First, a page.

California ‘whey factor’ bill has ‘intent’, not policyPrint
By DairyBusiness Staff
The California Assembly Ag Committee approved an amended AB 31 on a 6-0 vote, May 1. However, the form of the bill that left room 126 of the Capitol contained “intent” rather than policy. And, whether the vote is judged as a decision akin to Solomon, or just the proverbial “kicking the can down the road” could play out over the next three weeks.
Removed was the original language, introduced last December by Assemblyman Dr. Richard Pan (D-Sacramento), that would have set the California Class 4b “dry whey factor” at no less than 80% of the federal order Class III "dry whey factor." Also removed was a whey factor exemption on the first 3 million lbs. of milk purchased by cheese plants per month, designed to protect small cheese processors – unable to capture revenues from whey – from higher milk procurement/processing costs.
In its place, committee chair Susan Eggman (D-Stockton) inserted language intended to get dairy producers, processors, the state's Dairy Future’s Task Force and the California Department of Food & Agriculture (CDFA) to come up with new policy to address the Class 4b dry whey factor and processor exemption.
Eggman stated the language approved on May 1 is not the final version of a bill that will ultimately be approved by the full Assembly.
“We’ve got something that can move forward, but it is not the finished product,” said Eggeman, who defended the changes, saying she will “stand in the way of anything leaving the house that is not complete.”
Language approved in the amended AB 31 recognized the “numerous challenges” faced by the state's dairy producers and processors, including escalating feed prices, environmental and regulatory costs and water availability, as well as capital investment and transportation costs. It also provided CDFA the temporary authority to consider emergency milk price adjustments, and urged CDFA Secretary Karen Ross to actively engage the “Dairy Future’s Task Force to assist in developing proposals intended to best position both producers and processors to achieve the goals of long term success and sustainability.”
The vote followed testimony from about 50 dairy producers and industry representatives in support of the original language, as well as a handful of dairy processors opposed to it. According to a hearing summary, about 36 organizations or individuals registered in support of the original bill; 18 registered in opposition.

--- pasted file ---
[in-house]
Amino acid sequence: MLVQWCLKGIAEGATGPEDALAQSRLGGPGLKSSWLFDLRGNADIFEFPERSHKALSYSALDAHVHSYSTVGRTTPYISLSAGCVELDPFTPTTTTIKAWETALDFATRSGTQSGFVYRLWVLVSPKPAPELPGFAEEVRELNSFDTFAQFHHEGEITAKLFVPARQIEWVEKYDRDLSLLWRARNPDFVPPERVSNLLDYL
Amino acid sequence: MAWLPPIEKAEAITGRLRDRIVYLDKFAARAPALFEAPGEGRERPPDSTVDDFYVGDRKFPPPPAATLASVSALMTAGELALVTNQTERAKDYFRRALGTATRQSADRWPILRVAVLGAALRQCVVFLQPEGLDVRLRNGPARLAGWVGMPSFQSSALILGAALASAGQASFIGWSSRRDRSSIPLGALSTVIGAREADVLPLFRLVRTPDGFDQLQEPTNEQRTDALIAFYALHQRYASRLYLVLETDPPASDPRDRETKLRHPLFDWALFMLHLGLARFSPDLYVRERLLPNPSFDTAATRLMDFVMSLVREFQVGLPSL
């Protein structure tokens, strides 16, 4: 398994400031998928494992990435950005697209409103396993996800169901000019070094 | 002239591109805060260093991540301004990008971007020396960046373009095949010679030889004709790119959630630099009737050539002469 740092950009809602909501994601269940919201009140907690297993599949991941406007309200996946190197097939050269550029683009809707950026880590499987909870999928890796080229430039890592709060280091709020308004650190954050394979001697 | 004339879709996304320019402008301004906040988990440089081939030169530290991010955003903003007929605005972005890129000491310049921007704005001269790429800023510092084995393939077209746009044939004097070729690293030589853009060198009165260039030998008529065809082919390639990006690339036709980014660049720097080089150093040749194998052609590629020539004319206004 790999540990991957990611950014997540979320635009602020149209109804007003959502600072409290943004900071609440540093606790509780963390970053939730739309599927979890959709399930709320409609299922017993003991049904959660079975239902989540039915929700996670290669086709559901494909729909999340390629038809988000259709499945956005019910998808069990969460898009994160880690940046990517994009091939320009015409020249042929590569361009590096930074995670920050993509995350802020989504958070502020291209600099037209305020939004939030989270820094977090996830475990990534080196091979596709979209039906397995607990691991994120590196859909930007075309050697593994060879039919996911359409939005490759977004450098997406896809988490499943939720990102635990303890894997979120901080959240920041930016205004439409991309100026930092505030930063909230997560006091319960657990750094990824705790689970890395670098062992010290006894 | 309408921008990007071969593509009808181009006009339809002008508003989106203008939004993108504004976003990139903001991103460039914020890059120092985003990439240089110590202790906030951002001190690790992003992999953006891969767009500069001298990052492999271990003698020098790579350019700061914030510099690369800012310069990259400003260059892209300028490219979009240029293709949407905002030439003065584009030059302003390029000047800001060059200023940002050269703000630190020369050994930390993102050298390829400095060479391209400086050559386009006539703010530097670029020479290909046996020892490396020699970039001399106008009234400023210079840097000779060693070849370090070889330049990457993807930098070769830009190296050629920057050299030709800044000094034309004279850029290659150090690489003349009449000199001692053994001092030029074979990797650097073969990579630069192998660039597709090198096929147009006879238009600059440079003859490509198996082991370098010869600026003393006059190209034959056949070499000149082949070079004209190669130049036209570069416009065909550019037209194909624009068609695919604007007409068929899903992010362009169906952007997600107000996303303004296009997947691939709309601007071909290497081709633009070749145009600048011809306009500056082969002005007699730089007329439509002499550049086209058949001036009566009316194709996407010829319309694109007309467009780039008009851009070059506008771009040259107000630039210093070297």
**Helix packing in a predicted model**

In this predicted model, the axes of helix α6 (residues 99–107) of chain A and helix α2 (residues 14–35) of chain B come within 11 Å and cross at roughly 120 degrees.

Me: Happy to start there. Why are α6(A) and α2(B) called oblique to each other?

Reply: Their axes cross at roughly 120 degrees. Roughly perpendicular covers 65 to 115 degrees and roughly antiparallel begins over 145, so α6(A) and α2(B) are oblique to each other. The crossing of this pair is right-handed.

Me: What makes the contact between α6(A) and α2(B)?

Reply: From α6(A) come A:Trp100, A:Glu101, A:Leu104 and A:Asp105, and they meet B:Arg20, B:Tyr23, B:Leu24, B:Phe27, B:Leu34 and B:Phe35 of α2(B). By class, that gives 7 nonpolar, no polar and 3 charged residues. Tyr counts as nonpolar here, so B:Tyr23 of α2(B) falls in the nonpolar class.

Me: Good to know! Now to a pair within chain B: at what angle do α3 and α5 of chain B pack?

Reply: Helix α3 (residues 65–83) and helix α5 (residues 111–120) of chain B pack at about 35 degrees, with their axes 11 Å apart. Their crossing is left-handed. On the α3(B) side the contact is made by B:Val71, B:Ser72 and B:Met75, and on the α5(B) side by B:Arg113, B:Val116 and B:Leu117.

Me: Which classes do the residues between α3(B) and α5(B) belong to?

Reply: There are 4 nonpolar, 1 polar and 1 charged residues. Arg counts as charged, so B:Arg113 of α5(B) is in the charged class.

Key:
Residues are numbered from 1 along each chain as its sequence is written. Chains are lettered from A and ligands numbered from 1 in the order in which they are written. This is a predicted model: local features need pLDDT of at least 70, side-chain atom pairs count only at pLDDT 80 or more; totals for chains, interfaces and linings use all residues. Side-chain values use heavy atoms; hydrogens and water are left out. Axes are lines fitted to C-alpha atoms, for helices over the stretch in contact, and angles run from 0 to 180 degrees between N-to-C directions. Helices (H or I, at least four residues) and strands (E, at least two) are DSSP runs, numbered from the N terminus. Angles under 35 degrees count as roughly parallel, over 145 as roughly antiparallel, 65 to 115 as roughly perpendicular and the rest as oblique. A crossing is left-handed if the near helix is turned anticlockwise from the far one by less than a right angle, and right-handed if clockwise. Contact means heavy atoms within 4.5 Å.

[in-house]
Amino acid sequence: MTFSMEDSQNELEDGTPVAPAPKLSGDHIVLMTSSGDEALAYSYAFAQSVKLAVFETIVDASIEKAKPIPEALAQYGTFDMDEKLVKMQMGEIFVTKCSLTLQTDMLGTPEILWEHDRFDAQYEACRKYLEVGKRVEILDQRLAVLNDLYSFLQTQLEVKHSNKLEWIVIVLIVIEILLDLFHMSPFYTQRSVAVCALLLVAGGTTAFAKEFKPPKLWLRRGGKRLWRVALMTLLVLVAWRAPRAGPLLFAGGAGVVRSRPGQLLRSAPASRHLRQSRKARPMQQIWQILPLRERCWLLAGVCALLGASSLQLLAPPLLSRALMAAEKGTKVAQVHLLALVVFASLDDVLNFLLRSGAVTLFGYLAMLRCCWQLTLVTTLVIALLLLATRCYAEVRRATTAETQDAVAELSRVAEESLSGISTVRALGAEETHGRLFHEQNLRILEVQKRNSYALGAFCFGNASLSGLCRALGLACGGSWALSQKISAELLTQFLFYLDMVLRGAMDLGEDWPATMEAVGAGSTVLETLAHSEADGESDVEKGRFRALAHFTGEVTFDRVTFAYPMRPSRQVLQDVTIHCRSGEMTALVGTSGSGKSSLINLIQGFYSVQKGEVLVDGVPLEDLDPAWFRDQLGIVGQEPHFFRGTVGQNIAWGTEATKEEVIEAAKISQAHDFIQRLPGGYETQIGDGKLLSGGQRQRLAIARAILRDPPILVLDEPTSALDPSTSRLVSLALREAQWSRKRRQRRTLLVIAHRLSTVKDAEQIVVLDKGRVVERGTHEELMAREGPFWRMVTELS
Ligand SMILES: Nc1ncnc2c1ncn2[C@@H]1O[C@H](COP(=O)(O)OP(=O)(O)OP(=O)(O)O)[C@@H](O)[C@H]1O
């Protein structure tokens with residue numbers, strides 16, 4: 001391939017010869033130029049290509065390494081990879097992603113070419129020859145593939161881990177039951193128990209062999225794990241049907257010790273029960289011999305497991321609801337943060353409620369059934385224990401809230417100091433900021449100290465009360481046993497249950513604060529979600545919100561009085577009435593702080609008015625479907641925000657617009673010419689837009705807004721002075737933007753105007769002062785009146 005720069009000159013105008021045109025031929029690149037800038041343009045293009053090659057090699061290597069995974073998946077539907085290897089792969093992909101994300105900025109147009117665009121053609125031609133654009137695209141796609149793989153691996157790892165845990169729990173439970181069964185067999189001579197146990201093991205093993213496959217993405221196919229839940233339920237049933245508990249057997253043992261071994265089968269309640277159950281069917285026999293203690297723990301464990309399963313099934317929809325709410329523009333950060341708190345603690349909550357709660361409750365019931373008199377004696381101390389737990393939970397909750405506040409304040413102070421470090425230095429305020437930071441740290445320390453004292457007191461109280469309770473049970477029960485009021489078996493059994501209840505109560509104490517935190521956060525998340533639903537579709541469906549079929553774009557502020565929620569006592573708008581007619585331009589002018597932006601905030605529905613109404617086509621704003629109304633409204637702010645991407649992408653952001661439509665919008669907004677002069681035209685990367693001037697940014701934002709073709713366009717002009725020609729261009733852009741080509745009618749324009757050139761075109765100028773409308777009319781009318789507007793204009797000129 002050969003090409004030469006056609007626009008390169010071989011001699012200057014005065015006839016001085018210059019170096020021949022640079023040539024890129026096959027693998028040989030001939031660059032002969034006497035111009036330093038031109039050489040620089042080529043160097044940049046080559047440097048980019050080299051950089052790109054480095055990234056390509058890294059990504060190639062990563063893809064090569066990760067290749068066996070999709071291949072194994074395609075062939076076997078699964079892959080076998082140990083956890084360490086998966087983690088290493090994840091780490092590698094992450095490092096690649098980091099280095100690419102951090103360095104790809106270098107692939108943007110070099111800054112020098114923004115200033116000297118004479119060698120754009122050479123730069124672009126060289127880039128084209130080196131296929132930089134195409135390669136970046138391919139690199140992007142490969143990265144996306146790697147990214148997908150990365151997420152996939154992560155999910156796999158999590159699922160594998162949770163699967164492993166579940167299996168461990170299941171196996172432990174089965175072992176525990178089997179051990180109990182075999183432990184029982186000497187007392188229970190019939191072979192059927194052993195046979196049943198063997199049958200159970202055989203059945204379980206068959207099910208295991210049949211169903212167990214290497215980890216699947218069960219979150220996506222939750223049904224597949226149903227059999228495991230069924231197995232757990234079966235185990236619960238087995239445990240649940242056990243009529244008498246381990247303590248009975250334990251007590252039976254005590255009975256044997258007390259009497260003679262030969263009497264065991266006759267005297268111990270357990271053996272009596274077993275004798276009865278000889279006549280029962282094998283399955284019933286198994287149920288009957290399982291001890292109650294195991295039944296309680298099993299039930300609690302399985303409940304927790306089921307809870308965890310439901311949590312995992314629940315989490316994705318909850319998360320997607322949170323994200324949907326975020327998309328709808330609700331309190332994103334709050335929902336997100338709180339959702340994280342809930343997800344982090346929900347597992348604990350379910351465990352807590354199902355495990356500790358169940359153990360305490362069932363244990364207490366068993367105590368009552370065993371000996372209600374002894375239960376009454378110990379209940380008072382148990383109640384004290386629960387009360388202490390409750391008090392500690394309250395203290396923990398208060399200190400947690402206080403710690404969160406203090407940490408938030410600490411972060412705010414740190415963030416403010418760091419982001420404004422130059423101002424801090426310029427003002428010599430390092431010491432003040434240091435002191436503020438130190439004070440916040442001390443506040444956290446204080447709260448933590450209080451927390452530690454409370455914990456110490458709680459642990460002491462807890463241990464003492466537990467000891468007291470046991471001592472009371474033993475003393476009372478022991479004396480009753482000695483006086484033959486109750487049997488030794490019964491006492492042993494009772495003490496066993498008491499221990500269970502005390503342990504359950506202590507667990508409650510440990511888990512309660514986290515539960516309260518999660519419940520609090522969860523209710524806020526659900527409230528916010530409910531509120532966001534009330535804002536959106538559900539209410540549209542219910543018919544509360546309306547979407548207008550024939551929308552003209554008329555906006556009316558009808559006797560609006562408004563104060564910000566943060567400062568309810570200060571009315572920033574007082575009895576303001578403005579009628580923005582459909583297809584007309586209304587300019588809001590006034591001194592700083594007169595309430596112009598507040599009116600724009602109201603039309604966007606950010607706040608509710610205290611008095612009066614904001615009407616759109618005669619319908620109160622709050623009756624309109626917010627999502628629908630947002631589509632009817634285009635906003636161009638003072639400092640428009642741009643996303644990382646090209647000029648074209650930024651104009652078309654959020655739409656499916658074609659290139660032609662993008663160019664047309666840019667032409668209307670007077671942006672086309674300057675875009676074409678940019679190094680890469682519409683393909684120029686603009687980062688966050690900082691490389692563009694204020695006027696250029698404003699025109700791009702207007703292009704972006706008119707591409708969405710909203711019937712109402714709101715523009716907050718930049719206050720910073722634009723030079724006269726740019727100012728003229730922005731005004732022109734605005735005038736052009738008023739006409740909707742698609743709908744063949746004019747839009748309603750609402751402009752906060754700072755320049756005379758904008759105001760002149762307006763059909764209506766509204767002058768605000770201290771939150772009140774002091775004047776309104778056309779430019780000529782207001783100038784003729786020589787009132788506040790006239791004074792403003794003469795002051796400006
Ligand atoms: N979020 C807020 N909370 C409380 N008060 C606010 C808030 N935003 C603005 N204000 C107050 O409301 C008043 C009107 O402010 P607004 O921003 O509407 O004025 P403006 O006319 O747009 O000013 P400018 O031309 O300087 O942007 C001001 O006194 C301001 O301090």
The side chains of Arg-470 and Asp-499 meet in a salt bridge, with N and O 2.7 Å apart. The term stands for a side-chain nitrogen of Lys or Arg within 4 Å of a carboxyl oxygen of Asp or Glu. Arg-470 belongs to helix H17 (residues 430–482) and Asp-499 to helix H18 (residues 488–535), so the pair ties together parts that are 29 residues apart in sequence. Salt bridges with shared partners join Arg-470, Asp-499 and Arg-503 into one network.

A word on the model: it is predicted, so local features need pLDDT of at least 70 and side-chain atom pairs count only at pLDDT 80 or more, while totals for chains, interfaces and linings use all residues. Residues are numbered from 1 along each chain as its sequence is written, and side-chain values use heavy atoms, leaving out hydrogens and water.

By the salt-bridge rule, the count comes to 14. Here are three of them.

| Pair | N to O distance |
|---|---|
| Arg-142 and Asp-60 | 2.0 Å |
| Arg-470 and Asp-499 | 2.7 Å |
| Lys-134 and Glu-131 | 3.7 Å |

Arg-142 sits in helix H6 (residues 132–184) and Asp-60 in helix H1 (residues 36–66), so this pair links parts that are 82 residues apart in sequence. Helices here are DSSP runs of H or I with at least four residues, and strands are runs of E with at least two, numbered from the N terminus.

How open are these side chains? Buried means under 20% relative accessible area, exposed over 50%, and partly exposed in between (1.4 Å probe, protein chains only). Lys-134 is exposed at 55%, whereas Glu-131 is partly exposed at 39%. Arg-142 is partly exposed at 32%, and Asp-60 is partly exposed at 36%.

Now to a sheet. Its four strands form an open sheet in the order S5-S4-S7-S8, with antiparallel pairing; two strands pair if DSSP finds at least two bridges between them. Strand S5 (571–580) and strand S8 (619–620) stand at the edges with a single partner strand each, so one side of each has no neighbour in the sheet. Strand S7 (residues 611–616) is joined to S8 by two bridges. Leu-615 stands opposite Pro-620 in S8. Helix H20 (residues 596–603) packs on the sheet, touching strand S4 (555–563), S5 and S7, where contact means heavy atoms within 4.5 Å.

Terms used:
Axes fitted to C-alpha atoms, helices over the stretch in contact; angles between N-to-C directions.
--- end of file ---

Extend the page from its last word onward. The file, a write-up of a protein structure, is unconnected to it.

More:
For further information and analysis, visit http://leginfo.legislature.ca.gov/faces/billNavClient.xhtml and type AB 31 in the "Search” window.
In conjunction with the Assembly Ag Committee hearing, Eggman and ag committee vice-chair Kristen Olson (R-Modesto) sent letters to Ross, urging CDFA consideration of "emergency price relief." While CDFA generally calls for hearings based on industry petitions, Ross scheduled a hearing to consider emergency adjustments to minimum prices for all five classes of milk under California’s state milk marketing order.
The CDFA hearing will be held May 20, 8 a.m. in the CDFA Auditorium, Sacramento. Calif. The hearing notice and information regarding how to submit testimony can be found on CDFA’s Dairy Matrix (www.cdfa.ca.gov/dairy/dairy_hearings_matrix.html). CDFA's entire hearing exhibit will be available for public inspection at the Dairy Marketing Branch office on May 13.
A similar hearing was held Dec. 21, at which time Ross ordered temporary adjustments to all five milk classes for the months of February through May 2013. The adjustments increased the Class 4a/4b price by 30¢/cwt., with a net result of about 25¢/cwt. on the “overbase” price paid to dairy producers during the period. That temporary adjustment expires at the end of May.
Dairy producers have argued the 30¢/cwt. Class 4b adjustment fell far short of the California order Class 4b/federal order Class III price differential, which has averaged $1.47/cwt., during the February-May 2013 period. (April 4b/III prices announced on May 2 revealed a 67¢/cwt. gap, the smallest differential dating back to June 2011. Since June 2011, the gap had grown to as much as $3/cwt., and has averaged about $1.75/cwt. per month since 2010.
Beyond the hearing and any temporary measures taken by CDFA, quick action will be necessary from a policy perspective: The last day for fiscal committees to hear and report bills introduced in the Assembly is May 24.
For producers, change can’t come soon enough, and may be too late.
“Whatever arguments are made today, there is one fact that is absolutely indisputable: There are only 1,500 dairies remaining in California,” said dairy woman Antoinette Duarte. “More than 360 dairies have closed in recent years, and another 100 are threatened to close in 2013. Families in the dairy industry no longer talk about growth, we talk about survival.”
Processors contend a higher whey factor would hamper their competitive ability to process and move cheese to markets, and that capital investment costs to process whey are prohibitive. It's estimated about 20% of California's cheese makers have whey-processing capabilities, with only a couple producing dry whey.